Canoe Steaming in Lake Union Park as Museum of History and Industry Opens
Early this morning (December 29, 2012), Master Canoe Carver Sāādūūts lit a fire on the shore of Waterway 3 on Seattle’s Lake Union to begin heating rocks that he is using today to steam a 18-foot canoe being carved as part of “The Canoe Project”, a partnership to carve a native canoes at Lake Union Park by United Indians of All Tribes Foundation (UIATF), The Center for Wooden Boats (CWB) and Antioch University Seattle (AUS).
Today’s steaming ceremony is happening at the same time as the grand opening today of the Museum of History and Industry at its new location nearby, the historic Naval Reserve Armory in Lake Union Park. The new canoe will be launched into the waters of Lake Union at the end of the day.
“Opening day of the new museum is a good day for a steaming of the new canoe since it will bring so many people of many cultures together and allow them to honor the tree people who have been here so long,” said Sāādūūts, a native of Hydaberg, Alaska, who for 10 years has served as CWB’s artist in residence and is overseeing “The Canoe Project. “Carving cultural connections by carving canoes at the park is an important project.”
As part of today’s ceremony, rocks will be pulled from the fire when they are red hot, and carefully placed in water filling the bottom of the canoe, creating steam. The steaming process softens the cedar and makes it more flexible. The weight of the water in the middle of the canoe pulls the center down and allows the gunnels of the canoe to be pulled outward, creating the graceful curve and sweeping line of a traditional native canoe.
The new canoe is the first of two being carved at the location on the west side of Lake Union Park where United Indians of All Tribes plans to build the Northwest Native Canoe Center. The goal is to have the new facility become a center of native knowledge, skill, and a place for local tribes to show that Canoe Culture is still alive, thriving and contributing to the overall fabric of Seattle’s culturally diverse community.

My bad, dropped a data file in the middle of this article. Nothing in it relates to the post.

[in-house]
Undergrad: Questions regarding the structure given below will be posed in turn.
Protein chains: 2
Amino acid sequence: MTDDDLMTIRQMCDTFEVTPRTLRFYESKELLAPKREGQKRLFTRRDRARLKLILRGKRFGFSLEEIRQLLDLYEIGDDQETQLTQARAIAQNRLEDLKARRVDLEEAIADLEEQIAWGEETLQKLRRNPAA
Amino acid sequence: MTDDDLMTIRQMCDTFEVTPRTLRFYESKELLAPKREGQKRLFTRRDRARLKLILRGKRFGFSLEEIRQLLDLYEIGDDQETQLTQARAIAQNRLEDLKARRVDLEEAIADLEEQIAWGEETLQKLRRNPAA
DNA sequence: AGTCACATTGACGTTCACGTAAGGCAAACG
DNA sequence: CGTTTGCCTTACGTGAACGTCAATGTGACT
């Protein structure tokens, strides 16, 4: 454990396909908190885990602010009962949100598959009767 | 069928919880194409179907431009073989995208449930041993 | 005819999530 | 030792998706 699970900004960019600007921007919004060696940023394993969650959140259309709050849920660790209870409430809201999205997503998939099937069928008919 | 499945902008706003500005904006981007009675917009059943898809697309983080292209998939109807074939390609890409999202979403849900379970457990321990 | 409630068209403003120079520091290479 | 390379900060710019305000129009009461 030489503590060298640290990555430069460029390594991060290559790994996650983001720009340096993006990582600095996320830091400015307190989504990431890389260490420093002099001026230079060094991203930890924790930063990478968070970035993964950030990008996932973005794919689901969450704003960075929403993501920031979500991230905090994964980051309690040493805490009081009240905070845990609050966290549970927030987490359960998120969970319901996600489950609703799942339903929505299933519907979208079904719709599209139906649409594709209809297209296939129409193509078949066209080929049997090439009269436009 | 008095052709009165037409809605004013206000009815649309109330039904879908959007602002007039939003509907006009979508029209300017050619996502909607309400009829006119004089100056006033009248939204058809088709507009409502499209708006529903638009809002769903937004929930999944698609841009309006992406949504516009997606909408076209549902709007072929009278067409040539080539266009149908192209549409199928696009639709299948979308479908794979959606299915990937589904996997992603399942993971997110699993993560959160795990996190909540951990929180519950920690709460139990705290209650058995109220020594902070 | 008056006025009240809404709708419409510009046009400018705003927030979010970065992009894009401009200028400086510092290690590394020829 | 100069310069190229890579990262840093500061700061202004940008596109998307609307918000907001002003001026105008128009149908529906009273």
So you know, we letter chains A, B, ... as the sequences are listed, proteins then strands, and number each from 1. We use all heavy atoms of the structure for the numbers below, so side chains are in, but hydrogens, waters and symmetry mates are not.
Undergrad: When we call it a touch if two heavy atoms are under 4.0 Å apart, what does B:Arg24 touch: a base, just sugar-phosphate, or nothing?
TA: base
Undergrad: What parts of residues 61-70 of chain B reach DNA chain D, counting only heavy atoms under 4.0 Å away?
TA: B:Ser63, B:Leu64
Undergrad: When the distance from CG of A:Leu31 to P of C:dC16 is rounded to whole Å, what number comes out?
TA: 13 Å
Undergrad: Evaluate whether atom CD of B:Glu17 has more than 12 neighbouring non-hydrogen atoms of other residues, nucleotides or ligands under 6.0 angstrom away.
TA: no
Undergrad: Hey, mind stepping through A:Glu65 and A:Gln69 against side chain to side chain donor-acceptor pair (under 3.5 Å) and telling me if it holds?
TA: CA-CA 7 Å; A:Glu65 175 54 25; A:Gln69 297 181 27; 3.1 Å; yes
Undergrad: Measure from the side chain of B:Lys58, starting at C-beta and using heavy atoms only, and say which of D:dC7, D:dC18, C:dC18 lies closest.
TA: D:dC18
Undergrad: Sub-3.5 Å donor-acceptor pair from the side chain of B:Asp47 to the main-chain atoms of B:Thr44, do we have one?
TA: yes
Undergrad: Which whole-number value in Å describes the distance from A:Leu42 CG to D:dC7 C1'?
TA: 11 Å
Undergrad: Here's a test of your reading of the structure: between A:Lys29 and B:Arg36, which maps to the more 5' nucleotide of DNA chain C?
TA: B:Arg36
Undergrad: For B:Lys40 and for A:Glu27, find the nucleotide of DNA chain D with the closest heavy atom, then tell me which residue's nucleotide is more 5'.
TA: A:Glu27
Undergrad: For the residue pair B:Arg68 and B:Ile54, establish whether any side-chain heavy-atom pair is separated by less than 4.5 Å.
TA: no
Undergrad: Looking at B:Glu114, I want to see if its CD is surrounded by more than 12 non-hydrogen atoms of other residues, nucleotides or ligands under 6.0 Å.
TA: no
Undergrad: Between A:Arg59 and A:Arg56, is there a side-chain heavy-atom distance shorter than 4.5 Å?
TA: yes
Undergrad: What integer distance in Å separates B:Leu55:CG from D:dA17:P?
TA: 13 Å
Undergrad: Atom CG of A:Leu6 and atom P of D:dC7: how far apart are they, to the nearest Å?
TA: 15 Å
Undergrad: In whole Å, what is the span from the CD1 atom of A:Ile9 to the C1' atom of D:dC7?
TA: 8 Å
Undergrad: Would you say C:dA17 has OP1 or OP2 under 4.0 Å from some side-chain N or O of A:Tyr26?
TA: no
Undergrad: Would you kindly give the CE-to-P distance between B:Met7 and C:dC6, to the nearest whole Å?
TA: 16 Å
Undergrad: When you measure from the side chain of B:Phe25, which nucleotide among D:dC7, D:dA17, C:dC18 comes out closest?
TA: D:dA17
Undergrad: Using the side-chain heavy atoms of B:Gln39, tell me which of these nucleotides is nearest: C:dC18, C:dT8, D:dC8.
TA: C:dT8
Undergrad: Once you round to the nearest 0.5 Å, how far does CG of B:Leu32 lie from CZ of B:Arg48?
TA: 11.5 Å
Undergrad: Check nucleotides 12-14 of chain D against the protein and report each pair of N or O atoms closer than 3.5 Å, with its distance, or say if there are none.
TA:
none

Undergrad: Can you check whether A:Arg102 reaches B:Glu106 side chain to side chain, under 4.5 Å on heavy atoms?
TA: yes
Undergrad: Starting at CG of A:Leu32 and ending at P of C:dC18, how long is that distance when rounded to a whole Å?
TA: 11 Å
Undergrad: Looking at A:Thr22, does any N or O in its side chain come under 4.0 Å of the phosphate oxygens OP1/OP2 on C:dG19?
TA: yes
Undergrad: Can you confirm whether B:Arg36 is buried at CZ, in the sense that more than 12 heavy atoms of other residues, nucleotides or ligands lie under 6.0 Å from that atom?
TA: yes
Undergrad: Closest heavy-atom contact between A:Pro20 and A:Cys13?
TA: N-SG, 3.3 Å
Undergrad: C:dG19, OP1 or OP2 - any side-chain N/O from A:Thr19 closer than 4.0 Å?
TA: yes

The cedar log used to carve the new canoe is one of two donated by the nuns at Sisters of St. Joseph of Peace in Bellevue. The trees needed to be removed from their property, and when told of the difficulty in finding cedar logs for The Canoe Project, they offered theirs. Through this winter and next year….students from Antioch University Seattle, local public schools and other volunteers will assist Sāādūūts and his crew in fashioning the new canoes.
Antioch University Seattle became involved in The Canoe Project as an outgrowth of the school’s participation in recent Tribal Canoe Journeys, which occur during the summer months drawing tribal craft from all around the Salish Sea. The school is incorporating the building of the canoes and support and study of Native tradition into its curriculum.
While these canoes are carved, United Indians of All Tribes Foundation will continue the planning process for the new Northwest Native Canoe Center at Lake Union Park. Plans call for construction of two buildings located between Westlake Avenue and Lake Union, just north of the Pedestrian Bridge across Waterway 3. The buildings will be made from large timber with broad glazed surfaces opening to views of the lake over the naturalized pebble beach already in place, which was graded to accommodate the launching and landing of traditional Native cedar canoes. The center would feature a range of activities highlighting indigenous maritime heritage, provide unique access to the Lake Union waterfront and offer distinctive, Native-inspired catering. The programmatic development for the center is to be developed by a proposed Urban Indian/Canoe Nation Tribal council
Anyone interested in finding out more about The Canoe Project can contact Cynthia Updegrave at Antioch University – Seattle. Those interested in the larger project to construct the Northwest Native Canoe Center buildings can contact Janeen Comenote,